Randy Hayes is the founder of the Rainforest Action Network. Brent Blackwelder, a regular contributor to the Daly News, is the president emeritus of Friends of the Earth.

The Role of Religious Congregations in Promoting a Steady State Economy

by Brent Blackwelder

Proponents of a steady state economy could get a boost from religious congregations. Very thoughtful and insightful people are now writing about the urgent need to transition to a steady state economy. However, good ideas from deep thinkers in this day and age are often insufficient to overcome the power of entrenched lobbies such as the oil, timber, and mining industries, as well as those in the financial sector who specialize in offshore tax havens and dubious finance schemes of the kind portrayed in the Oscar-winning film Inside Job.

Those interested in a sustainable economy are seeking to focus society’s attention on the limits to economic growth. This means rethinking the measures of economic growth and coming to grips with the drivers of consumer demand, such as population growth.

Religious communities are good places to look for allies because, over the past 15 years, many congregations have developed an interest in exploring human duties to creation. The concept of stewardship of creation is gaining widespread support among those who believe in God as the creator of the universe.

Surprisingly, many environmentally concerned people are not aware the Biblical teachings on stewardship of creation. Some promptly dismiss the notion by saying that the Bible is anti-environment and against sustainability. They claim that the book of Genesis urges humans to “exercise dominion over nature and subdue the earth.” This is an inaccurate translation of the Hebrew that unfortunately played a role in promoting a view of the earth and the rest of life as resources to be exploited.

Today there is much greater theological scholarship describing the full range of environmental messages in the Bible. This scholarship has caught on in many religious congregations where support for environmental sustainability is gathering strength. For example, Interfaith Power & Light, founded by Episcopal minister Sally Bingham, has coalitions in over 30 U.S. states, encouraging churches and temples to adopt environmentally enlightened policies in operating their religious buildings and grounds and to be active in promoting clean energy.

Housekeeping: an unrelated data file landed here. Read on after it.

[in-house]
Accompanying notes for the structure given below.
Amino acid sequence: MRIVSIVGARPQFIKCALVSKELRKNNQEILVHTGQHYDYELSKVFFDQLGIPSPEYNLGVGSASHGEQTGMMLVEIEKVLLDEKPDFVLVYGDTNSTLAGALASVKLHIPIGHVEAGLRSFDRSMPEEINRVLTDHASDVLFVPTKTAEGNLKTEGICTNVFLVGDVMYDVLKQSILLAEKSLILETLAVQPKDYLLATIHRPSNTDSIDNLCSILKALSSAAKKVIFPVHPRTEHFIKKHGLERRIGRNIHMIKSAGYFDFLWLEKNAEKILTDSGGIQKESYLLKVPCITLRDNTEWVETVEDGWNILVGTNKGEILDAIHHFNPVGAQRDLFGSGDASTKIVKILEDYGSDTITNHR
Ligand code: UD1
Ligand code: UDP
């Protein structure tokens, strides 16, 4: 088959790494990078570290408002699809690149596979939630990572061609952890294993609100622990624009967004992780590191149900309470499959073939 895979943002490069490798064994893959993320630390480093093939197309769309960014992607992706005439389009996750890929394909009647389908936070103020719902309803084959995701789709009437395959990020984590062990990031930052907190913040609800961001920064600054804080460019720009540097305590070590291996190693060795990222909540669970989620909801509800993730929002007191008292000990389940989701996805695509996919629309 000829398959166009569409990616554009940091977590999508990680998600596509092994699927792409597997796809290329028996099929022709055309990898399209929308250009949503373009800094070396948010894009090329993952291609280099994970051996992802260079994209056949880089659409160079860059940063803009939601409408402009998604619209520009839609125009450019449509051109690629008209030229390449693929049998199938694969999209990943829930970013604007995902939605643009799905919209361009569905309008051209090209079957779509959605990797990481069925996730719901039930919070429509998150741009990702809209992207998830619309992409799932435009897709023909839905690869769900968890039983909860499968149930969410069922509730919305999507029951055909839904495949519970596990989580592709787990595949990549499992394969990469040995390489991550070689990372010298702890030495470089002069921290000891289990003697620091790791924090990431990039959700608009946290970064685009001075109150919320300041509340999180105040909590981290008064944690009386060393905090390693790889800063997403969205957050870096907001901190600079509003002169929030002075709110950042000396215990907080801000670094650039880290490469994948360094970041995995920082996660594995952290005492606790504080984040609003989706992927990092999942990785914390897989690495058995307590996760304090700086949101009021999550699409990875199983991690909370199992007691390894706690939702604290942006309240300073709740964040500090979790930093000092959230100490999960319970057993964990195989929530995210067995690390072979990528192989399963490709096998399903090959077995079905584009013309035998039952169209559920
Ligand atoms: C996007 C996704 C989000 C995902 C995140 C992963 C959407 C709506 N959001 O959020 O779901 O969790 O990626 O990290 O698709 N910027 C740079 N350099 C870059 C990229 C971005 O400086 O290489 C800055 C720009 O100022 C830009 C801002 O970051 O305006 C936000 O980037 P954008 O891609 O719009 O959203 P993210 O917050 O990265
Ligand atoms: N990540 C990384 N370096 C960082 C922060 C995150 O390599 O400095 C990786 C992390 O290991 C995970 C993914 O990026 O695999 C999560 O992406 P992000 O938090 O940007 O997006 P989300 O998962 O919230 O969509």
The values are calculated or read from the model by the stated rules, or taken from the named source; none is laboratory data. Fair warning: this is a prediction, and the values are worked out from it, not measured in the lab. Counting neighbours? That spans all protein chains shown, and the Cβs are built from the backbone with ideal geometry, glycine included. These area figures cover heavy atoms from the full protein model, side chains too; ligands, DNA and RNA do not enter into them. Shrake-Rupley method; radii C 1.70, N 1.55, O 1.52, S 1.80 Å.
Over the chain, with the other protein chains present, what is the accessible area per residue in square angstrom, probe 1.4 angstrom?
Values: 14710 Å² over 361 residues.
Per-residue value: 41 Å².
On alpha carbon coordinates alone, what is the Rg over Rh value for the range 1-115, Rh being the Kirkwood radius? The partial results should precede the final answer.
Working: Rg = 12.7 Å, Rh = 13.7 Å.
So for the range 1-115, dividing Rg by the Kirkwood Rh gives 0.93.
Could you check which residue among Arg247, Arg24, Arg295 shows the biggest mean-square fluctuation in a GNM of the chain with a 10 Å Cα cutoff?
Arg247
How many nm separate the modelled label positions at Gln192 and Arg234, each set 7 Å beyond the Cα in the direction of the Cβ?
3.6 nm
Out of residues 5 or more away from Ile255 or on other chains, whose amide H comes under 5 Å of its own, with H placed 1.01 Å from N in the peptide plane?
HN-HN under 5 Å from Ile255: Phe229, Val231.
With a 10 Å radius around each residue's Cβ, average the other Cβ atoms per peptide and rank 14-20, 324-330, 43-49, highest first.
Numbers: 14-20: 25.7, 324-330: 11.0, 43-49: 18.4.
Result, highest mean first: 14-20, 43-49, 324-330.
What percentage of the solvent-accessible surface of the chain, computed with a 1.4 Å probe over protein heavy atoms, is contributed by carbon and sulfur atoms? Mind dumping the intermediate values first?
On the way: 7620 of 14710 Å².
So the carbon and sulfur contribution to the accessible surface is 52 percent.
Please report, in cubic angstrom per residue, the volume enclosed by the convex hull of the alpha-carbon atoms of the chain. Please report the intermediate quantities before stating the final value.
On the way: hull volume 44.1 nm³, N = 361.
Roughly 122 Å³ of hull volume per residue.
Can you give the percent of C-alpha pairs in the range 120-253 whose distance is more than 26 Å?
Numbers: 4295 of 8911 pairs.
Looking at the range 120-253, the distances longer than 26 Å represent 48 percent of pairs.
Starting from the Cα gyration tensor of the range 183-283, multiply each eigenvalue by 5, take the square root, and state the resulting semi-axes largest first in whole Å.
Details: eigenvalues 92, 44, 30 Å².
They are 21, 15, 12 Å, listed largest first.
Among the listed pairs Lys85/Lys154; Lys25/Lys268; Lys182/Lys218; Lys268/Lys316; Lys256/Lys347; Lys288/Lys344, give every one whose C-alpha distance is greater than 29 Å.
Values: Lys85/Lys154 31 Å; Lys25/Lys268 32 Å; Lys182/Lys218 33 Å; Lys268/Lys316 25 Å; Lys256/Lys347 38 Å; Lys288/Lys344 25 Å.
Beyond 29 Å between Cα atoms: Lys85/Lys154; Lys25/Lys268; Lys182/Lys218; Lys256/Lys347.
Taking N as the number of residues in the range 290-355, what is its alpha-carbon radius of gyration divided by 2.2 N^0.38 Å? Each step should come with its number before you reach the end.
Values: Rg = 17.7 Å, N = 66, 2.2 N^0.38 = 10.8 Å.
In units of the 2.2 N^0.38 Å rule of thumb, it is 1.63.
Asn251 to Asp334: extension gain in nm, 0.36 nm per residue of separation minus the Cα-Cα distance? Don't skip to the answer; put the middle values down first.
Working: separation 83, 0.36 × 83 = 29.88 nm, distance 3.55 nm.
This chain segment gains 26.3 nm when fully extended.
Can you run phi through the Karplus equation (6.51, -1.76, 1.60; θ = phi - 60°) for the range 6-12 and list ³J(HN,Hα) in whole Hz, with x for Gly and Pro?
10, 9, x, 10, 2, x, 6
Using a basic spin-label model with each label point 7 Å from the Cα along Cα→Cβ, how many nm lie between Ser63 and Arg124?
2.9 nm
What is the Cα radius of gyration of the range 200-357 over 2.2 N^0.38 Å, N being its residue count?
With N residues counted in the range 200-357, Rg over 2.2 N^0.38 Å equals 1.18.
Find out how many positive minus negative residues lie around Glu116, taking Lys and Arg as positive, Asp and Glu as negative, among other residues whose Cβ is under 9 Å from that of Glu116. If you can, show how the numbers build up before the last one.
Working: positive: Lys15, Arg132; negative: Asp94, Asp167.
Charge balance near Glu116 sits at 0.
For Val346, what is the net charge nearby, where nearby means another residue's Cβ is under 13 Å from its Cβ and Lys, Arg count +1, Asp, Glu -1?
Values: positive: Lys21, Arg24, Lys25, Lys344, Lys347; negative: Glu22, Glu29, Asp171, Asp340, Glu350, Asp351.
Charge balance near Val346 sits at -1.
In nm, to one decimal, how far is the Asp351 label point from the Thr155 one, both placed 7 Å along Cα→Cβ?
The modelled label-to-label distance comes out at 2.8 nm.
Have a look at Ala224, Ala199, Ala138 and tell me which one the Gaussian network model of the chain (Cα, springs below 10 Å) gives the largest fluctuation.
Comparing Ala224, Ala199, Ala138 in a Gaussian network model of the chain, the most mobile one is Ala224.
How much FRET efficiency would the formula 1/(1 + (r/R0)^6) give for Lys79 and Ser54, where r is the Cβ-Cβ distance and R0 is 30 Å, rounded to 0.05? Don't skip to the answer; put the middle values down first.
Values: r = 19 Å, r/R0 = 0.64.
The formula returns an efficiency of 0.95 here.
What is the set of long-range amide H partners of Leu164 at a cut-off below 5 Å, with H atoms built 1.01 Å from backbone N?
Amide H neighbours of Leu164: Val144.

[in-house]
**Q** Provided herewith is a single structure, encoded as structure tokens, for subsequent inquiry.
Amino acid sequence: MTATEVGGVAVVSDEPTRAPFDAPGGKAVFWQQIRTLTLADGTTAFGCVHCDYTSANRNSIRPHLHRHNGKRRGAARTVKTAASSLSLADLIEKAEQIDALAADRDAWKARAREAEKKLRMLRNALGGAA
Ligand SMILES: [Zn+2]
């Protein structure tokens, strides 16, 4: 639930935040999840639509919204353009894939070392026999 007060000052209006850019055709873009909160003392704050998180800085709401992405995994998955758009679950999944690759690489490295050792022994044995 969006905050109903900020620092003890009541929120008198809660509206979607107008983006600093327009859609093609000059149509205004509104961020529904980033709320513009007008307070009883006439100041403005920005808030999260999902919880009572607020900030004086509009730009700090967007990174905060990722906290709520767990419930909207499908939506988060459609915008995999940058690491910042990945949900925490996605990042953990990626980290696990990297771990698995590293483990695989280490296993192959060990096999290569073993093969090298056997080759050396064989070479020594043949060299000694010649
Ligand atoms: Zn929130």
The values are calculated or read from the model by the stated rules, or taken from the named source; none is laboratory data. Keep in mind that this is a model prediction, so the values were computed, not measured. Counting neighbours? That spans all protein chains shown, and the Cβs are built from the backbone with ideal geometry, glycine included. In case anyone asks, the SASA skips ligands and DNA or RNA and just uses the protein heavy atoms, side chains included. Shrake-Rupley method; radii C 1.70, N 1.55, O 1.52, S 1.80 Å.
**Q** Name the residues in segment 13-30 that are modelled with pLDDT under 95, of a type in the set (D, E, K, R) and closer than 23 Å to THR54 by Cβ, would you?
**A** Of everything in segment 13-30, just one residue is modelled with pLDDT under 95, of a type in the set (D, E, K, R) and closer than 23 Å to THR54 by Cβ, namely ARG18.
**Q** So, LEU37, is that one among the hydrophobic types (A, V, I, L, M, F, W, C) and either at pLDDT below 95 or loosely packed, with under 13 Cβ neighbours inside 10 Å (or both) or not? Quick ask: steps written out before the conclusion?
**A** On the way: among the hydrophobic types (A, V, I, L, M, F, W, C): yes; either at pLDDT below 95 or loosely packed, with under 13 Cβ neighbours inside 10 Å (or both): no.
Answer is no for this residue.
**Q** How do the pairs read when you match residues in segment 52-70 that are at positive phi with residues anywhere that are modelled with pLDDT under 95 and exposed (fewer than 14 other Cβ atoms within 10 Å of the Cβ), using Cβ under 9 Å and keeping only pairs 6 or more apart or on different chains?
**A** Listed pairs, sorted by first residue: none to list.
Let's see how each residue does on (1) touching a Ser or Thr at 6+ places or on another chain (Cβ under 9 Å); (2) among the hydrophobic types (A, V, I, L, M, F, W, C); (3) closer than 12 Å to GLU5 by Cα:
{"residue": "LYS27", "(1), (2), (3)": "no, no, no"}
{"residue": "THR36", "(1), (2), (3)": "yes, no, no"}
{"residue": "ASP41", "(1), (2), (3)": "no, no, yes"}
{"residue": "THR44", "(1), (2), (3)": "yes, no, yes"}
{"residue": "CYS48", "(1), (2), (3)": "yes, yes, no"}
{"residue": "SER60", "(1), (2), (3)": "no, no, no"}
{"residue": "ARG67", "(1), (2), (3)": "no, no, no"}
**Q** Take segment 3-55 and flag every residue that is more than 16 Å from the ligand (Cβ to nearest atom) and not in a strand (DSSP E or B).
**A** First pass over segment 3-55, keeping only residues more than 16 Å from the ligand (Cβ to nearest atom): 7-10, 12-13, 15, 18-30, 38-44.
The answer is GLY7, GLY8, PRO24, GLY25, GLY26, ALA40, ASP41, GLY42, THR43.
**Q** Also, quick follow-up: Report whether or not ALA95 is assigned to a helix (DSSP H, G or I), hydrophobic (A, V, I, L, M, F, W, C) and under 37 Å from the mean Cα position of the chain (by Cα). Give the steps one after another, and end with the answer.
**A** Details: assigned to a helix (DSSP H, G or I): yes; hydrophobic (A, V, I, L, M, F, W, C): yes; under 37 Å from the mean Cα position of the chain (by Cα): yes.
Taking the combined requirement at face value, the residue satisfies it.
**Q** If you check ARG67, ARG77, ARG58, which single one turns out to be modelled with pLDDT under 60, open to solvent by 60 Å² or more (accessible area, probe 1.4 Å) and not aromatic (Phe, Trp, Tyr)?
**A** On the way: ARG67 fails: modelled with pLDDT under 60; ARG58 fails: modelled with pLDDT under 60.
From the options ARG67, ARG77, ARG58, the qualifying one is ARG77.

Proponents of a steady state economy need to enlist congregations to discuss the concept of a new economy and to consider alternatives to massive consumer spending. There is a natural connection because most religions emphasize living a simpler and less materialistic life, a life that considers the impacts of one’s actions on others.

It would be fitting for religious congregations to take the lead in demanding a new national index of well-being to replace gross domestic product (GDP). GDP is a good measure of the throughput of resources in an economy, or more bluntly, the rate of converting natural resources into waste. Typical economists exhort people to increase their purchases and consumption to keep GDP on the rise. Such a philosophy is incompatible with a sustainable economy on a finite planet. Religious congregations bring moral authority to a discussion of the ethics of consumerism and materialism. They can be powerful allies in challenging the basic economic dictum to go out and shop. People of faith could deliver a powerful message about the failure of GDP to serve as an accurate measure of happiness and well-being.

The Genesis story of Noah’s ark ends with a covenant that is not simply between God and Noah, but rather a three-way covenant among God, Noah, and all the animals on the ark. Humans have not lived up to this contract, as modern industrial society is devastating wildlife habitat, putting as much as one fourth of the earth’s life forms in jeopardy.

During a discussion of animal species threatened by human activity, one of the world’s foremost biologists, E. O. Wilson, was asked what animals would disappear if humans were to disappear from the earth. Wilson answered that the only ones he could think of were two species of head lice.

Religious organizations have already played a role in debates on endangered species, but people of faith could also weigh in on the topic of population growth. They could write the Pope pointing out that the Genesis blessing, “be fruitful and multiply,” is first given to all the animals. Humans, therefore, must take their blessing in this context and seek a planet characterized by a flourishing of all kinds of creatures.

In summary, the effort to attain a sustainable economy needs big allies. I have suggested that religious congregations can confront the biggest economic question of our times. What kind of stewards of creation are human beings if our global economy disrupts the earth’s climate, decimates wildlife habitat (even in remote places), expands the population of our own species beyond sustainable bounds, and gauges its success by the volume we consume?

References

1. For evangelical perspectives on environmental stewardship see Matthew Sleeth’s The Gospel According to the Earth or visit the Blessed Earth environmental ministry.

2. Visit Interfaith Power & Light for a set of activities on clean air, food, and climate that religious congregations are involved in.